From mysticism to Monty Python, curious George kept evolving

In 1966, an interviewer asked George Harrison an open-ended question: What is your personal goal? ”To do as well as I can at whatever I attempt,” Harrison answered. ”And someday to die with a peaceful mind.”

He seems to have come pretty close, in both cases. If there’s any truth to the stubborn cliche that George was the Quiet Beatle, blame it on his fondness for action (and reflection) over words. For all his cool-kid-brother modesty, Harrison was a paradigm-blasting pioneer and a catalyst for cultural change. Of all the Beatles, ironically, he’s the one who might’ve had the broadest impact on society at large. Consider the things Western civilization might still be waiting for, were it not for George’s wonderful life:

PAUL SIMON’S GRACELAND With a pluck of the sitar in 1965’s ”Norwegian Wood,” Harrison trial-ballooned the notion that rock and raga could share a flat. Upshot: an entire genre known as world beat.

THE DOWNWARD DOG POSE George’s ashram hopping sparked a Western vogue for all things Indian and mystic, from yoga to ayurveda to Deepak Chopra.

”WE ARE THE WORLD” When it came to global consciousness, George put his money where his mantra was. His 1971 Concert for Bangladesh was the blind date where rock and charity first met.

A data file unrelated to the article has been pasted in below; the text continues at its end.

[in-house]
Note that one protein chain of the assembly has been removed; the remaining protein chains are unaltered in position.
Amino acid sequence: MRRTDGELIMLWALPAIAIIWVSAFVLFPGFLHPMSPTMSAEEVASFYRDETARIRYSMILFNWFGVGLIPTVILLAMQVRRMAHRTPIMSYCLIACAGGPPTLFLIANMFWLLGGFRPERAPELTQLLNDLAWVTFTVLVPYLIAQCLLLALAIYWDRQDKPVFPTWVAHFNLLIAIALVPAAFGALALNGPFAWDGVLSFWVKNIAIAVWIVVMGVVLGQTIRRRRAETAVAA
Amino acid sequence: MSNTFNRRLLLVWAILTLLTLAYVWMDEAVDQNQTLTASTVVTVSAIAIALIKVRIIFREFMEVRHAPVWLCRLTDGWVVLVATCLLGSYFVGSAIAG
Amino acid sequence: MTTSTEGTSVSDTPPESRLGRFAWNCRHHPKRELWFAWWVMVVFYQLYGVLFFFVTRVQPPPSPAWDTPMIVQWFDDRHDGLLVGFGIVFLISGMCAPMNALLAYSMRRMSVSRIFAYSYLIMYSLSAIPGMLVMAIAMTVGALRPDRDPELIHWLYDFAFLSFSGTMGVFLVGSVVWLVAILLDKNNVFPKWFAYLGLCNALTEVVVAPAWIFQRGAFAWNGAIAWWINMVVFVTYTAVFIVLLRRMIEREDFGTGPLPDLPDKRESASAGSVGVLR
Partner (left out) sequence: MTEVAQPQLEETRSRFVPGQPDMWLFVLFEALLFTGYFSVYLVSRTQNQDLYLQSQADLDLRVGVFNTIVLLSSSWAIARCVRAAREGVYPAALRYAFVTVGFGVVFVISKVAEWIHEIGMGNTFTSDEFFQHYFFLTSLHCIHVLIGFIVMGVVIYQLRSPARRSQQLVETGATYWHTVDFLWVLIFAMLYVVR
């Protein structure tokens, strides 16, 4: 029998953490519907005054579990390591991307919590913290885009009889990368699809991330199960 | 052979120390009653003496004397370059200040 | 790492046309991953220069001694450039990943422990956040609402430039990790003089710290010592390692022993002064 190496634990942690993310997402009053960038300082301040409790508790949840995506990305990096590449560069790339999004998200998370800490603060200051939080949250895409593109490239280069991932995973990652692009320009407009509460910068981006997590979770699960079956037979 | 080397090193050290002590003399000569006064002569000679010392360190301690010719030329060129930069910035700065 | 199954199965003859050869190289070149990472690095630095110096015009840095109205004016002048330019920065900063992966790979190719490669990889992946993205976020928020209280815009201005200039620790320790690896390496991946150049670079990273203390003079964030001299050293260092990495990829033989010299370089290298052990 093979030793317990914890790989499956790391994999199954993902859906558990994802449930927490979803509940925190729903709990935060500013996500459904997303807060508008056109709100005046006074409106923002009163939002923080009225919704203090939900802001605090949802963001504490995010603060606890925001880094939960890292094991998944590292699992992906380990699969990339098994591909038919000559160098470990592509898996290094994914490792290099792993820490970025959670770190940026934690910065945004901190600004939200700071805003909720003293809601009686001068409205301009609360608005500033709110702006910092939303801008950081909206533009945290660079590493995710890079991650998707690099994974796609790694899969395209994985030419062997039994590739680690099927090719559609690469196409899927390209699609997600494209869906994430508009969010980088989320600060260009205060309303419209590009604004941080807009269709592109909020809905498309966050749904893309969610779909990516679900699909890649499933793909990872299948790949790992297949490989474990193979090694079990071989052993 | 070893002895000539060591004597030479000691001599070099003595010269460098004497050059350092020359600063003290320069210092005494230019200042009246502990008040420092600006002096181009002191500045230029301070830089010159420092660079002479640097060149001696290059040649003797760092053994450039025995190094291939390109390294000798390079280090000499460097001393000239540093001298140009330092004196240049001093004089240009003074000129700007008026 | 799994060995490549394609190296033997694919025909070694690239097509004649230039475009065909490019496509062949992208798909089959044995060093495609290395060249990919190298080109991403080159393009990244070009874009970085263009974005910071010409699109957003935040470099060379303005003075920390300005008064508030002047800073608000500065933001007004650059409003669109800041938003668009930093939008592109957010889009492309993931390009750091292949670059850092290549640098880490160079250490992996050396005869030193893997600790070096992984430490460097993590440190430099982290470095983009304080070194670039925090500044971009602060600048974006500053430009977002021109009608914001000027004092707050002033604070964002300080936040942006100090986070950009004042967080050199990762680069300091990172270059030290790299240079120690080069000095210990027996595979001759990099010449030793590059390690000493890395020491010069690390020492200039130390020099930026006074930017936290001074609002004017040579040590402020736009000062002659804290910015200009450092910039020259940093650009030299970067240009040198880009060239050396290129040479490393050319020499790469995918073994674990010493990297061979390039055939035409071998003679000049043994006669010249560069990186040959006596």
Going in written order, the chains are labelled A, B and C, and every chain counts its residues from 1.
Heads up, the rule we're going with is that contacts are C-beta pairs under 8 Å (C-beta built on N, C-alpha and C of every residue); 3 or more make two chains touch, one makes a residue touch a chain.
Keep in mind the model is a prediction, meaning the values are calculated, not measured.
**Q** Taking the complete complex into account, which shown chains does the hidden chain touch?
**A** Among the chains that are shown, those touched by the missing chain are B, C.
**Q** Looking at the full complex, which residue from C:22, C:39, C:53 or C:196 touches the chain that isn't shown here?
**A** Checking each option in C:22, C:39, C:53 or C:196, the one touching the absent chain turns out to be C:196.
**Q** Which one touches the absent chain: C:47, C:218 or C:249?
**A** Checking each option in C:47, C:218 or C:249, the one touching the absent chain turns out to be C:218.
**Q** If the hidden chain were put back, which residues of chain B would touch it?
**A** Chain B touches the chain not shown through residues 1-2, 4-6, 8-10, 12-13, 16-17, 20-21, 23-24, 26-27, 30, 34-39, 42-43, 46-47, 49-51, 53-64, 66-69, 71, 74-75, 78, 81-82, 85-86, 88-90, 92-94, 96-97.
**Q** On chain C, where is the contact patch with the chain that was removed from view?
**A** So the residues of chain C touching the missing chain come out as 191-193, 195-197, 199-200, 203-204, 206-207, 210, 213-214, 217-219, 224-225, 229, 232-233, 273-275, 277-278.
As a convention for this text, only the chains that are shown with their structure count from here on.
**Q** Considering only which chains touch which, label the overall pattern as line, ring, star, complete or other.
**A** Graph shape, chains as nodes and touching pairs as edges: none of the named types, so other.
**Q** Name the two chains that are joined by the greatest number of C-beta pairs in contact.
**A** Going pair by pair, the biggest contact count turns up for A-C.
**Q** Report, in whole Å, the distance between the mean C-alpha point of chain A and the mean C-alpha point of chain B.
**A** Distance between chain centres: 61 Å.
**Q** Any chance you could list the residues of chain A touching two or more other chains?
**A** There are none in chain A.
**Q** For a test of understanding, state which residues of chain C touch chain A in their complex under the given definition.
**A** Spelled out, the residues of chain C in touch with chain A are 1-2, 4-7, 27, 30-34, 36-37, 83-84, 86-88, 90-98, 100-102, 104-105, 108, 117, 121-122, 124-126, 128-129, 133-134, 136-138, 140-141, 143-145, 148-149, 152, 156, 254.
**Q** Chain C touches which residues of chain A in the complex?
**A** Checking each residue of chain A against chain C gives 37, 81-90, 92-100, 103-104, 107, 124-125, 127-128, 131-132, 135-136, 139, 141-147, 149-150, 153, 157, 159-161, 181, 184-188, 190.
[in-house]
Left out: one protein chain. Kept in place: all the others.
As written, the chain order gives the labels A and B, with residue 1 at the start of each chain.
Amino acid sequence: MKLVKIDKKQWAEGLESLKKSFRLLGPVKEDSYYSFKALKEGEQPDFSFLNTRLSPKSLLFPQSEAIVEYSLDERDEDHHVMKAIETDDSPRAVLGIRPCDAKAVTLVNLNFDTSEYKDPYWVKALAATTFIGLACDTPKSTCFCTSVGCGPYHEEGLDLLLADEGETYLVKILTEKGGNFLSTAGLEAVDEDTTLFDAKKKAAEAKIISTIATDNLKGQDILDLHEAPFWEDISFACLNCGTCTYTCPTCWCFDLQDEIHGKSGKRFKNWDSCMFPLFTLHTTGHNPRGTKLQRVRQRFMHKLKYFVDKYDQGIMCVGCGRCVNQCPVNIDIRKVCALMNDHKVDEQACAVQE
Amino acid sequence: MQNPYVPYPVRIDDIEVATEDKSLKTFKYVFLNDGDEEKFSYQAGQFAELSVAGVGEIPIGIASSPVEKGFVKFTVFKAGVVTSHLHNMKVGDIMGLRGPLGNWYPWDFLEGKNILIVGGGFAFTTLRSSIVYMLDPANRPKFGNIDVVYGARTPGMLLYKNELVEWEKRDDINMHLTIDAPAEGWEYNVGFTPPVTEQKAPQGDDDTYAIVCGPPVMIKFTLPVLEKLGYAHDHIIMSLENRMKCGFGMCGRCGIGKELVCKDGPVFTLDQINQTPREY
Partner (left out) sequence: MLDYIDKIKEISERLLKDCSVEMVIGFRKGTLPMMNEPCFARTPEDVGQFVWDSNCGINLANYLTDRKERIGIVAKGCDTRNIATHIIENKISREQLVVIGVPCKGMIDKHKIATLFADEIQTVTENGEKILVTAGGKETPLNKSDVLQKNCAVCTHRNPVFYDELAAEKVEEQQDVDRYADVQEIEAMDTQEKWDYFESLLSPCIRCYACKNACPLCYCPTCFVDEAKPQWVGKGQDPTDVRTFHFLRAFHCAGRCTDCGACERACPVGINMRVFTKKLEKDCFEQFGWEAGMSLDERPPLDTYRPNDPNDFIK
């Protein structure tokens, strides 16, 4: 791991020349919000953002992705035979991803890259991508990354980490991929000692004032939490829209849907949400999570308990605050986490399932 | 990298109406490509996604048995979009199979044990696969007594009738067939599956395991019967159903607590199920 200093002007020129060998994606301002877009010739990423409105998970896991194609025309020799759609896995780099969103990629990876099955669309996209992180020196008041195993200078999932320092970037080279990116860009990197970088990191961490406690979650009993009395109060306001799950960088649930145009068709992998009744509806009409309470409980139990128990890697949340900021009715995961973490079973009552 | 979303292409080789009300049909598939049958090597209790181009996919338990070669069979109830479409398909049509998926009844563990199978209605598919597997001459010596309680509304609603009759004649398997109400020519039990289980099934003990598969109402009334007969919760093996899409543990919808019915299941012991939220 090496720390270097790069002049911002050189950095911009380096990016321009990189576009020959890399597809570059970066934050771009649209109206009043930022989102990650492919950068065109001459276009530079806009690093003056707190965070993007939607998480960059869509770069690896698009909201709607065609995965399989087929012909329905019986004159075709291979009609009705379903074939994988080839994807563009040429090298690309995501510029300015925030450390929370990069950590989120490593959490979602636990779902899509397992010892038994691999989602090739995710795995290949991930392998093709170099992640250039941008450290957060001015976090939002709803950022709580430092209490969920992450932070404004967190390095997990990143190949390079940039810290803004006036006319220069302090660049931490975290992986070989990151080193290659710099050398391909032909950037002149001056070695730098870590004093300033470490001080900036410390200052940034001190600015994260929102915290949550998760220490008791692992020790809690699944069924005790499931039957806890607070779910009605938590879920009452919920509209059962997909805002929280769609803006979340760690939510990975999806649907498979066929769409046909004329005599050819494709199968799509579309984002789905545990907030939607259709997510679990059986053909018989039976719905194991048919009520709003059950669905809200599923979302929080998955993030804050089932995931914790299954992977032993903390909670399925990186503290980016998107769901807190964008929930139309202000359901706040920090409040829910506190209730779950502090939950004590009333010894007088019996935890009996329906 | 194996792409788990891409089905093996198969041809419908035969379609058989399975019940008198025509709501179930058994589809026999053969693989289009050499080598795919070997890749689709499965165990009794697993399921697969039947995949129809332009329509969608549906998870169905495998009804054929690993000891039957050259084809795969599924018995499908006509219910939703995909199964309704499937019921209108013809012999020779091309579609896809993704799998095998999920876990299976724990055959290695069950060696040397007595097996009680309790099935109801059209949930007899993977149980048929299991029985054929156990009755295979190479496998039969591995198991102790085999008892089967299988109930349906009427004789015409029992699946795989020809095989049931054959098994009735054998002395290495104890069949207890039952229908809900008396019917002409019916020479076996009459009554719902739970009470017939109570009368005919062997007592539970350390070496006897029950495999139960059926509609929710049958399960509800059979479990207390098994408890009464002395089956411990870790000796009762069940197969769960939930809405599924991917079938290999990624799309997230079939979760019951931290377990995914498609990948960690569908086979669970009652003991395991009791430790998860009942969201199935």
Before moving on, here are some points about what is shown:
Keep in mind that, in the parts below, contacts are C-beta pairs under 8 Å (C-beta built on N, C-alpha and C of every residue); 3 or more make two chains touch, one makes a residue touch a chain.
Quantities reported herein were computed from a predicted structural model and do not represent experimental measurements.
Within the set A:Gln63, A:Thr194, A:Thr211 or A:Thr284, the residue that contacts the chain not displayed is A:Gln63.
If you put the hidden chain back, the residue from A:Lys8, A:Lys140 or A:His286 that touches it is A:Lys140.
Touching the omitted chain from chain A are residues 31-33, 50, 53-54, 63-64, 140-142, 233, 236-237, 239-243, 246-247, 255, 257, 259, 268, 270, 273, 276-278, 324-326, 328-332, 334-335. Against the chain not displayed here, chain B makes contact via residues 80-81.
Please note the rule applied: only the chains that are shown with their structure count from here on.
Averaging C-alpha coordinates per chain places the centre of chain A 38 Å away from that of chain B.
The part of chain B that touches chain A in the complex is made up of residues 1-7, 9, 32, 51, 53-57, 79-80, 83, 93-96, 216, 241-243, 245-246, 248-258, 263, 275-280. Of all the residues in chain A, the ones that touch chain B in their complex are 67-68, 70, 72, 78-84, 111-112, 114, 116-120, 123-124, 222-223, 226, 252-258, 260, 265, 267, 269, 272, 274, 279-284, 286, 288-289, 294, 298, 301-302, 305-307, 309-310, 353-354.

”BLESSED ARE THE CHEESEMAKERS” There was a charitable element to Harrison’s career as a movie producer, too. Without him, a handful of ”difficult” films like Monty Python’s Life of Brian, Withnail & I, and Mona Lisa would’ve been as endangered as a killer rabbit.

THE ONGOING PRESENCE OF LIAM AND NOEL GALLAGHER On this side of the Atlantic, Oasis was little more than a surly, unibrowed oddity until the blokes broke big with ”Wonderwall”—named after a 1968 George soundtrack.

VINYL SPRAWL Too many tunes for a single disc? How about…three? See All Things Must Pass.

”LAYLA” The volcanic apex of the Clapton canon, the song finds Slowhand in tormented thrall to his best friend’s wife. The wife: Pattie Boyd. The friend: George.

THE COKE-FRENZY SEQUENCE IN GOODFELLAS Impossible to imagine without ”Layla,” not to mention George’s own bouncy ”What Is Life.”

THE JAM’S ”START!” We assume Paul Weller paid the, ahem, ”Taxman” for that bass line.

THE P. DIDDY SONGBOOK Okay, maybe the ”My Sweet Lord”/”He’s So Fine” scuffle was a case of ”subconscious plagiarism.” Then again, maybe it was the dawn of…sampling.

GARDEN GNOME CHIC See cover of All Things Must Pass.